Author Archives: Sophia Cheraitia

Short courses at Tonbridge Centre

Tonbridge Centre Spring short courses

The Tonbridge Centre’s popular programme of short courses is well underway for this term. The courses are designed to be studied for personal interest or self-development, among like-minded people from all walks of life and without formal assessment.

Courses for the Spring term continue in topics as diverse as French Painting and Culture: Realism to Impressionism; Travellers in the Greek and Roman Worlds; The Music of Spain; Modern Canadian Literature; Van Dyck and the Court of Charles l; Writing for self-care​. Additionally, a free short talk presenting the survey findings from Kent research ‘Prejudice in the Age of Brexit’ is also available at the Tonbridge Centre.

See full details of the whole programme online.  A staff discount is available on some courses: please contact the Tonbridge Centre by email tonbridgeamin@kent.ac.uk or by calling extension 4990 for further information.

Walking simulations signal a new literary genre

Heidi Colthup, lecturer for the Department of English Language & Linguistics, has published an article exploring the narrative conventions of walking simulators – a new video game genre where there are no winners, and no one is shot at or killed.

Walking Simulators have become increasingly popular in the last few years. They are ‘games’ that do not require participants to have gaming skills; instead they simply walk around a landscape and interact with items they find, resembling a cross between playing a game and reading a book with different potential outcomes. Popular titles include Everybody’s Gone to the Rapture, Firewatch, What Remains of Edith Finch, The Vanishing of Ethan Carter and Dear Esther.

Video games like Dear Esther encourage players to actively identify themselves as the main story protagonist, and it is the use of second person address (‘you’) that drives this identification. In Dear Esther, the player is a man whose wife recently died who walks around a Hebridean island reflecting on the past, with flashbacks, that gradually reveal the true intention of his journey.

To understand how these games are changing the genre of gaming and creating a new form of storytelling that places the player at the heart of the action, Heidi investigated the use of the word ‘you’ within Dear Esther, and how this affects a player’s response to the story.

Heidi found that the use of the word ‘you’ within the narrative contributes to the instability of the story so it is more difficult to work it out because we’re used to observing characters in books, but video games make us the character, and Dear Esther‘s complex narrative makes us both observer and player. It therefore engages the player more than a traditional video game, and as such is more like reading a literary novel – making a new literary genre.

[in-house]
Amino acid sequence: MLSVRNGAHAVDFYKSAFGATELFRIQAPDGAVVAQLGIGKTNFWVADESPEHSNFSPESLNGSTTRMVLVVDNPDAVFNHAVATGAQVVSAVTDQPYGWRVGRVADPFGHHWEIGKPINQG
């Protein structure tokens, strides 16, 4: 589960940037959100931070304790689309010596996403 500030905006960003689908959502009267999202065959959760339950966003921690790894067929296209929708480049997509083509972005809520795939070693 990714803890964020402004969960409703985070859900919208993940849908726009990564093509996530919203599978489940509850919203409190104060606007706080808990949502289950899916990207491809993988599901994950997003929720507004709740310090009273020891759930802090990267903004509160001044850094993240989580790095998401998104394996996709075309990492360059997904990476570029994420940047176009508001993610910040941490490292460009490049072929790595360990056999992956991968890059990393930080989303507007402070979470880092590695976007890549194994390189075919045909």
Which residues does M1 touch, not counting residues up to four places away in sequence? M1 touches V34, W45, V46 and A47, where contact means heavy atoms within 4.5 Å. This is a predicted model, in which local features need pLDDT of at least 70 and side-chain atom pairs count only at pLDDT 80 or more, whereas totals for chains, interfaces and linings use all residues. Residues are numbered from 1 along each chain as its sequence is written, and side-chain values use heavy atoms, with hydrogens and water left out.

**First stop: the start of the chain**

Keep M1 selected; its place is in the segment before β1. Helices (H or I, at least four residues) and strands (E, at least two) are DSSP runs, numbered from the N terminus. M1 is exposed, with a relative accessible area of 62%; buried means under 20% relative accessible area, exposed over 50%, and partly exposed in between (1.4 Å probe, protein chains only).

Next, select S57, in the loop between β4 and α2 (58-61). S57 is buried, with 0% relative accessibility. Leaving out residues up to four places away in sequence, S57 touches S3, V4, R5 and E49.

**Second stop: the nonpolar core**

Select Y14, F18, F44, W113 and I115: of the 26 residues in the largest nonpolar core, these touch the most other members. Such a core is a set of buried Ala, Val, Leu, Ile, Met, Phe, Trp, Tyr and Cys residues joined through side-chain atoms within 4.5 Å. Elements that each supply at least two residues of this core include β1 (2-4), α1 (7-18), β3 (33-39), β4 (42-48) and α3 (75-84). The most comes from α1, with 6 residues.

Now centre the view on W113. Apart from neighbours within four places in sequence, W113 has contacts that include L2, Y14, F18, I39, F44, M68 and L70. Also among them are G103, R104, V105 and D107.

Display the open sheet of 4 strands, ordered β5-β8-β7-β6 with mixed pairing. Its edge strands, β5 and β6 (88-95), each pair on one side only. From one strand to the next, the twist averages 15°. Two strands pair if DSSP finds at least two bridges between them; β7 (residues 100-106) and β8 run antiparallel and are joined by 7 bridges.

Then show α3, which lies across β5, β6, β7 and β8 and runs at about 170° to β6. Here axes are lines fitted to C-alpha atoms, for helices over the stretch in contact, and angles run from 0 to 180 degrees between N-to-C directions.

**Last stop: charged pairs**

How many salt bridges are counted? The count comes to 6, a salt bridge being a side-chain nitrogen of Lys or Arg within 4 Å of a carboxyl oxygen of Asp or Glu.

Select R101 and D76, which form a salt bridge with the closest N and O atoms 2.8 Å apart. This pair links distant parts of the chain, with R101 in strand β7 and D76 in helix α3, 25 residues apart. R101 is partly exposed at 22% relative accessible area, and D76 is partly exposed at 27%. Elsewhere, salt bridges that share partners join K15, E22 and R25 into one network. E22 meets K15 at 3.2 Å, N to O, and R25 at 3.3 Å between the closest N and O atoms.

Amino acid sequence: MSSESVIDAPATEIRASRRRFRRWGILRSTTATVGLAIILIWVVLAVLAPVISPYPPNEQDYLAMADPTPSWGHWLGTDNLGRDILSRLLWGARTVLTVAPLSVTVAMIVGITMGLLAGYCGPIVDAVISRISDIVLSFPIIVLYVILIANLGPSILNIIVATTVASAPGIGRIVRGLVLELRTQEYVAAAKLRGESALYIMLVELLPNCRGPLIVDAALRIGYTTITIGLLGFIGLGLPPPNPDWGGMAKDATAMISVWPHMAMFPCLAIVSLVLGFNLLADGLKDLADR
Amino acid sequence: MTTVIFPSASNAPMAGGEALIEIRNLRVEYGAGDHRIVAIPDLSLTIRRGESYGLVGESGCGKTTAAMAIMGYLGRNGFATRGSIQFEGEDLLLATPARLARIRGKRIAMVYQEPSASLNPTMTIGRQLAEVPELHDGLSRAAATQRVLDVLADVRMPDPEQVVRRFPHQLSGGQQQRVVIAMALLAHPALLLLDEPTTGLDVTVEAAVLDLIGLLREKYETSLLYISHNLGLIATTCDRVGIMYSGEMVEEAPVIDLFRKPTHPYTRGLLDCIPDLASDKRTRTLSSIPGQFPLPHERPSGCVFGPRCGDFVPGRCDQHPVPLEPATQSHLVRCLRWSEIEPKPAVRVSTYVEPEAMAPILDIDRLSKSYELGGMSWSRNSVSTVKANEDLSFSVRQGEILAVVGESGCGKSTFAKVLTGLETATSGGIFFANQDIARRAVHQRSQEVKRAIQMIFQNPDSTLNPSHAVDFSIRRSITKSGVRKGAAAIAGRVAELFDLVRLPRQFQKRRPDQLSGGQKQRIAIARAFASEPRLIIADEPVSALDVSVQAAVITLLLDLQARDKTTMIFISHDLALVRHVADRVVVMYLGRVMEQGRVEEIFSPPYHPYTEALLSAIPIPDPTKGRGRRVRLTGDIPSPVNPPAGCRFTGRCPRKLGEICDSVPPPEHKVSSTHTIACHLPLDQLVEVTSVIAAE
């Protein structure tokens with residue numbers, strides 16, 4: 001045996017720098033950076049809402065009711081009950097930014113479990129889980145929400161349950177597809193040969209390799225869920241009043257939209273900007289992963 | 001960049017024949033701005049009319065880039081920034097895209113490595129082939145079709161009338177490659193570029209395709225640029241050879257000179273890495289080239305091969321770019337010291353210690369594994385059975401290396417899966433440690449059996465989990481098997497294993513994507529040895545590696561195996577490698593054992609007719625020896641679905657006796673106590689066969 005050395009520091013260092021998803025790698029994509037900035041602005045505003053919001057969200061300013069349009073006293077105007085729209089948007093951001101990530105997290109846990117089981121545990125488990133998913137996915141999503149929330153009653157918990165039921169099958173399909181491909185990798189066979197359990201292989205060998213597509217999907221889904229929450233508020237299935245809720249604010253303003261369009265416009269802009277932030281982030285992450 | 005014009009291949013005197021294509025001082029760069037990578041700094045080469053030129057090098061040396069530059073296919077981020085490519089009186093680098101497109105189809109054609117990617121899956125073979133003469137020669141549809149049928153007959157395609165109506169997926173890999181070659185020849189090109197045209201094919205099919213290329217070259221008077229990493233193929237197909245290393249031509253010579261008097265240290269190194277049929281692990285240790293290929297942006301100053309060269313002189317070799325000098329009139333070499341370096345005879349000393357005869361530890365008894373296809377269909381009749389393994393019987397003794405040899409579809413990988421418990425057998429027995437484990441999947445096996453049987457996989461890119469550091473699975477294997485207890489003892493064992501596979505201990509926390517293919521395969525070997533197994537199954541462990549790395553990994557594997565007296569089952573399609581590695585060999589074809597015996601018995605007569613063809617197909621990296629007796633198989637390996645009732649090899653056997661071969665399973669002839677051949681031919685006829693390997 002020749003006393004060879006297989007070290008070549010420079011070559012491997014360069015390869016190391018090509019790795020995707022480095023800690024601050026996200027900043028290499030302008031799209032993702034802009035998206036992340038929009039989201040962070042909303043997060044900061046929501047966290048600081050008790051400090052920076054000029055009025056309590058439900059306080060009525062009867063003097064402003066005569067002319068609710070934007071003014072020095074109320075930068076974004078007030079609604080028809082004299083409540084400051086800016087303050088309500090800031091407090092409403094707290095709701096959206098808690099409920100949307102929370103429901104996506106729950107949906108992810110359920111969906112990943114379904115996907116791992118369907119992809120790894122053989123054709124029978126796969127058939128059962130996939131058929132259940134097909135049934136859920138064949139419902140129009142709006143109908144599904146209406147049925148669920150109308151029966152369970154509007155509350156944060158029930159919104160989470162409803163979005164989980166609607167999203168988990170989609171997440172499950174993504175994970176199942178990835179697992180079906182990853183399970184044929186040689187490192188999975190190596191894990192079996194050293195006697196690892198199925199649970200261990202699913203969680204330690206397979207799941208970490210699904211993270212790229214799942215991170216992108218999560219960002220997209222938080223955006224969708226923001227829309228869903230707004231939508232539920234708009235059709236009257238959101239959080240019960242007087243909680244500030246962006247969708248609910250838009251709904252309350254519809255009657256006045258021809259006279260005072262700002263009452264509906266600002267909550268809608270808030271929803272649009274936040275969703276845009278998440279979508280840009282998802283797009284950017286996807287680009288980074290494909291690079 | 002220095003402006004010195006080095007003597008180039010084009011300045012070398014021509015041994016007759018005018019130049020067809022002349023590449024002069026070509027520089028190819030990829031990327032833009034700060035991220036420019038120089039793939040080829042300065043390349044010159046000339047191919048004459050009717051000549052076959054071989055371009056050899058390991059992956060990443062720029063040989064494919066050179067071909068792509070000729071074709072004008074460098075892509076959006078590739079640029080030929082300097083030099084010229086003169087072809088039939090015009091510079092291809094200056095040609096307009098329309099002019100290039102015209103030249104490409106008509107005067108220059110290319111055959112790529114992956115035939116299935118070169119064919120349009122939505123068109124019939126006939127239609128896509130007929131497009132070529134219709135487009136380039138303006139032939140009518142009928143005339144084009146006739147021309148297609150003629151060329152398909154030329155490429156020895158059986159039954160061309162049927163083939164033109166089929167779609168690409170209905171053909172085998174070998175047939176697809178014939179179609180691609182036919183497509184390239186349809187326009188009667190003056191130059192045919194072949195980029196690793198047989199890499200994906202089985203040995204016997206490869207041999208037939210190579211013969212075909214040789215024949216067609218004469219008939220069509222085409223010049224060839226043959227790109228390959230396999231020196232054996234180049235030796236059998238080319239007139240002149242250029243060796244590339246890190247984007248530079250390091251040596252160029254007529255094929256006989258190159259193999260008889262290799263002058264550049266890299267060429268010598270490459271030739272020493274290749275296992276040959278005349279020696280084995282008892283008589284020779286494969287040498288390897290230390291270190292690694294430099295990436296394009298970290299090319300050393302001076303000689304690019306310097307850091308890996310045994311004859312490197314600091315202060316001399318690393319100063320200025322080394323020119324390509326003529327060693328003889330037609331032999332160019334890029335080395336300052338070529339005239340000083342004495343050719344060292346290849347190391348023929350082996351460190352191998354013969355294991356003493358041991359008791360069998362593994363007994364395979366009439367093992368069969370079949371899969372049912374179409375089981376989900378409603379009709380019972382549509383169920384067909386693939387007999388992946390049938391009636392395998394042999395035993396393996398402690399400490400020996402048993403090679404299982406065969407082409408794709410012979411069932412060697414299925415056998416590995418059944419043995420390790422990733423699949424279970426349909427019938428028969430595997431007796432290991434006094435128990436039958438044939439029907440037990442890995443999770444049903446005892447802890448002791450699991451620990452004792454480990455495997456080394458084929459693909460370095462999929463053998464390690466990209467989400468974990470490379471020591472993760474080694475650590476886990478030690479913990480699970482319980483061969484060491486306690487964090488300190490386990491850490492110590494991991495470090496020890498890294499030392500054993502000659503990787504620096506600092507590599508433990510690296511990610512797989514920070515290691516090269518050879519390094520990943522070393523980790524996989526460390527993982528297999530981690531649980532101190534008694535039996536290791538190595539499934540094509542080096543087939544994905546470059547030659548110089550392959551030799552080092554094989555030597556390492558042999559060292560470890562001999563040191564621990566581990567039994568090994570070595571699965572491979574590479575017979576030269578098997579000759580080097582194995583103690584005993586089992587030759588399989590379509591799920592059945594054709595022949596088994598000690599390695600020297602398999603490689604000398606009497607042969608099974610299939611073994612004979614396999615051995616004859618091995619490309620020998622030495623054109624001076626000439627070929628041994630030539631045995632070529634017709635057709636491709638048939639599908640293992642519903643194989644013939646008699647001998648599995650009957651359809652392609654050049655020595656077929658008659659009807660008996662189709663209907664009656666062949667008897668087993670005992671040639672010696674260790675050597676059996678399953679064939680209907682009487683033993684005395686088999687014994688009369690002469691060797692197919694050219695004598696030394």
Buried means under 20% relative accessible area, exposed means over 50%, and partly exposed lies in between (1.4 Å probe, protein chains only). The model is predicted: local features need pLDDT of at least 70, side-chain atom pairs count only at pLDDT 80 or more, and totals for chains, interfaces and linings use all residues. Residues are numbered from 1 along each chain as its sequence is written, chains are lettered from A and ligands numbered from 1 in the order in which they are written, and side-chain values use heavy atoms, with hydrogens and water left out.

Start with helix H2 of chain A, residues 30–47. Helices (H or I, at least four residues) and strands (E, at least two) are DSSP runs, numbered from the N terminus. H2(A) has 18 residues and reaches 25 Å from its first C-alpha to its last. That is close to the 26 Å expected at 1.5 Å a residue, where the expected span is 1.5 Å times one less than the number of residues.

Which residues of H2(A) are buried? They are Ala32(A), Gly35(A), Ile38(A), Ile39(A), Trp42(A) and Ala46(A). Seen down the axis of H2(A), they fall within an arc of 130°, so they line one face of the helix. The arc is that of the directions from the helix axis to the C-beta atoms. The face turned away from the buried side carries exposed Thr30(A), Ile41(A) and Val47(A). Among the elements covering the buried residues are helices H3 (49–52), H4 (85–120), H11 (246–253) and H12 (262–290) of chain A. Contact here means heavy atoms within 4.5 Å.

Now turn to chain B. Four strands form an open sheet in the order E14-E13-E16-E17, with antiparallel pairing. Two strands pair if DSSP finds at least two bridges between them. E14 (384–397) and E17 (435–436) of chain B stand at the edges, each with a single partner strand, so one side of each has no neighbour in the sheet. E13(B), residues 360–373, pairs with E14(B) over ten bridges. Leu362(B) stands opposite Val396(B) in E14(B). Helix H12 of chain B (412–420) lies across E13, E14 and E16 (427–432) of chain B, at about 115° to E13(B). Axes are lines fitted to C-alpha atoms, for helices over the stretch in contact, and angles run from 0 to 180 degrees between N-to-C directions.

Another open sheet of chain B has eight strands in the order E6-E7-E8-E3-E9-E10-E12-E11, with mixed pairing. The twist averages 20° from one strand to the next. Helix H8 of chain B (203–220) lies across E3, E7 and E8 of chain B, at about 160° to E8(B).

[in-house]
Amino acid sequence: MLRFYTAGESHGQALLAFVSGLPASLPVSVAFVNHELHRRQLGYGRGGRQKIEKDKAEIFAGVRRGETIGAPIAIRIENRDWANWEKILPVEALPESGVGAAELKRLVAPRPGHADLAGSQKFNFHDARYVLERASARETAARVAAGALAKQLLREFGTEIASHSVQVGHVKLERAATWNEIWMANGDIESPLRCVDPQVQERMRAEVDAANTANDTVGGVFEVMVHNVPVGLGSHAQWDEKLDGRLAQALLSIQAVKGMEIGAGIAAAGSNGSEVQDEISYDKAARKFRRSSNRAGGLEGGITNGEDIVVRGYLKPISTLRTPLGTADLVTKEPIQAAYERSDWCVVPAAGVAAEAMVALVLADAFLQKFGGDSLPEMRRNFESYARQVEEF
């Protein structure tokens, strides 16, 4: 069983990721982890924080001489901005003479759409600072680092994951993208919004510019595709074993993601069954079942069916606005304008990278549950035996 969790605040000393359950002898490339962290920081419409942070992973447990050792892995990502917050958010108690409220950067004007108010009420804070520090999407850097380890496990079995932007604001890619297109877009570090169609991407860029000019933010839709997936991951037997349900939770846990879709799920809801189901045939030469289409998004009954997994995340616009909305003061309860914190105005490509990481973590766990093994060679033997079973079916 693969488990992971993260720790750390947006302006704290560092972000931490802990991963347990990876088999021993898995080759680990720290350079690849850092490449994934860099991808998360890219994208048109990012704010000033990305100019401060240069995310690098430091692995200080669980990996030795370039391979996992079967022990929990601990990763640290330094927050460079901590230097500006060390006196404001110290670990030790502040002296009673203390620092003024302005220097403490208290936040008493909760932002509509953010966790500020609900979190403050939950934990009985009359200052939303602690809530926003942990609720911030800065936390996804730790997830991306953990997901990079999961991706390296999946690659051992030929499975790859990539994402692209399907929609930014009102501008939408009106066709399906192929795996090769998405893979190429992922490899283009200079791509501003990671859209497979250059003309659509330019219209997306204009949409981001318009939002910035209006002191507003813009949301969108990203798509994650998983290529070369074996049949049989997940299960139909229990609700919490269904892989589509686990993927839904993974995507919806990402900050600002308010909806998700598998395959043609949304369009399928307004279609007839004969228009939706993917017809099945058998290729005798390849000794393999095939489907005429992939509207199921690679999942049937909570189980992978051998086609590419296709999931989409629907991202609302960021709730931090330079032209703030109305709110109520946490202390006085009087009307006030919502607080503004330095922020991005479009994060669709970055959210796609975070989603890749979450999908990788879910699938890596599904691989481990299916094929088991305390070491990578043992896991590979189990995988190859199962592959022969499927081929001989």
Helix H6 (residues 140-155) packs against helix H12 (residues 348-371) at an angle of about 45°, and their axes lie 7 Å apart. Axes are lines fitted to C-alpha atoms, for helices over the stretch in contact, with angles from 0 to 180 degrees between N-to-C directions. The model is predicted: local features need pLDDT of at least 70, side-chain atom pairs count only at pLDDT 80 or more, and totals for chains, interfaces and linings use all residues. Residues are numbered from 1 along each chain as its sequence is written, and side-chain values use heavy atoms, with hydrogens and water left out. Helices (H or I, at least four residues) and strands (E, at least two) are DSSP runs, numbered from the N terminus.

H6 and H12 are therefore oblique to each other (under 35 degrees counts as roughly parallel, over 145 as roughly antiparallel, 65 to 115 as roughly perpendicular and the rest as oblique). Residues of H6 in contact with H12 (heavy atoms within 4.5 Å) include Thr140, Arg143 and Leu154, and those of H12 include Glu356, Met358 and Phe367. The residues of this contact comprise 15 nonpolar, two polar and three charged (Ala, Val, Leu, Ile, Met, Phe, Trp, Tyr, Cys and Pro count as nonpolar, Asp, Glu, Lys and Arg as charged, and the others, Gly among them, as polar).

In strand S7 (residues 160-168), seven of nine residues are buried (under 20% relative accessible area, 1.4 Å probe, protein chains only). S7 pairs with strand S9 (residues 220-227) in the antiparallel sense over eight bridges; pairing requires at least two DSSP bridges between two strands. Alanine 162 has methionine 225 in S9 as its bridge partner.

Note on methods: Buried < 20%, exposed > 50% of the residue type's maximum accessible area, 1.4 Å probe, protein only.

She said that while there had been recent hype over the ability for viewers to choose their own story, such as in in Black Mirror’s Bandersnatch episode, this type of cross-format art form has been growing in popularity within the gaming world.

She said: ‘Walking simulators have great stories that are akin to reading a book, matched with fantastic graphics and music like video games, making it a fantastic way to tell a story and in essence creating a new art form. Examining how the games are devised to bring ‘you’ in explains why the experience is more intense than reading a book and stays with the player for longer afterwards.’

‘You Were all the World Like a Beach to me’. The Use of Second Person Address to Create Multiple Storyworlds in Literary Video Games: ‘Dear Esther’, a Case Study by Heidi Colthup, appears in the International Journal of Transmedia Literacy.

Alumnus Neil Griffiths hosts Student Success lecture

As part of the Student Success Project’s Inspirational Speaker series, director of the charity Arts Emergency, activist and University of Kent alumnus Neil Griffiths held a talk last Wednesday entitled ‘Why the cultural and creative industries are the worst for social mobility (and what can we do about it?)’.

This talk was based on the representation in art and media and how generally ‘the unrepresented go unseen, and the over represented assume their experiences are universal… We feel it’s urgent that people with different voices, different opinions and different experiences tell our stories as much as the small segment of society that currently do.’

Dr Laura Bailey, Lecturer in English Language and Linguistics and SECL Student Success Lecturer, said of the talk: ‘This week’s speaker was fascinating and what he said was quite shocking. The extent and the implications were really alarming, and based in a lot of thorough research. And following it, students had a really productive ‘practice networking’ session.’

The talk itself can be found on Moodle.

The next Student Success Project talk in the series, featuring Professor Meena Dhanda will be speaking on ‘Circumventing emergent vulnerabilities: the necessity of internal critique‘ will be taking place on Wednesday 6 March at 16.00.

Specific Learning Differences – what are they and how can they be identified

Colleagues are invited to attend the Learning & Teaching Network session on Wednesday 6 March, from 13.15-14.30 in the UELT Seminar Room, Canterbury.

‘Specific Learning Differences- what are they and how can they be identified’ will be presented Veronica Millum, Specific Learning Difficulties Team Manager, Student Support and Wellbeing.

If you have ever wondered what the difference is between a student with an assessment for dyslexia and a student with an assessment for dyspraxia, this is for you.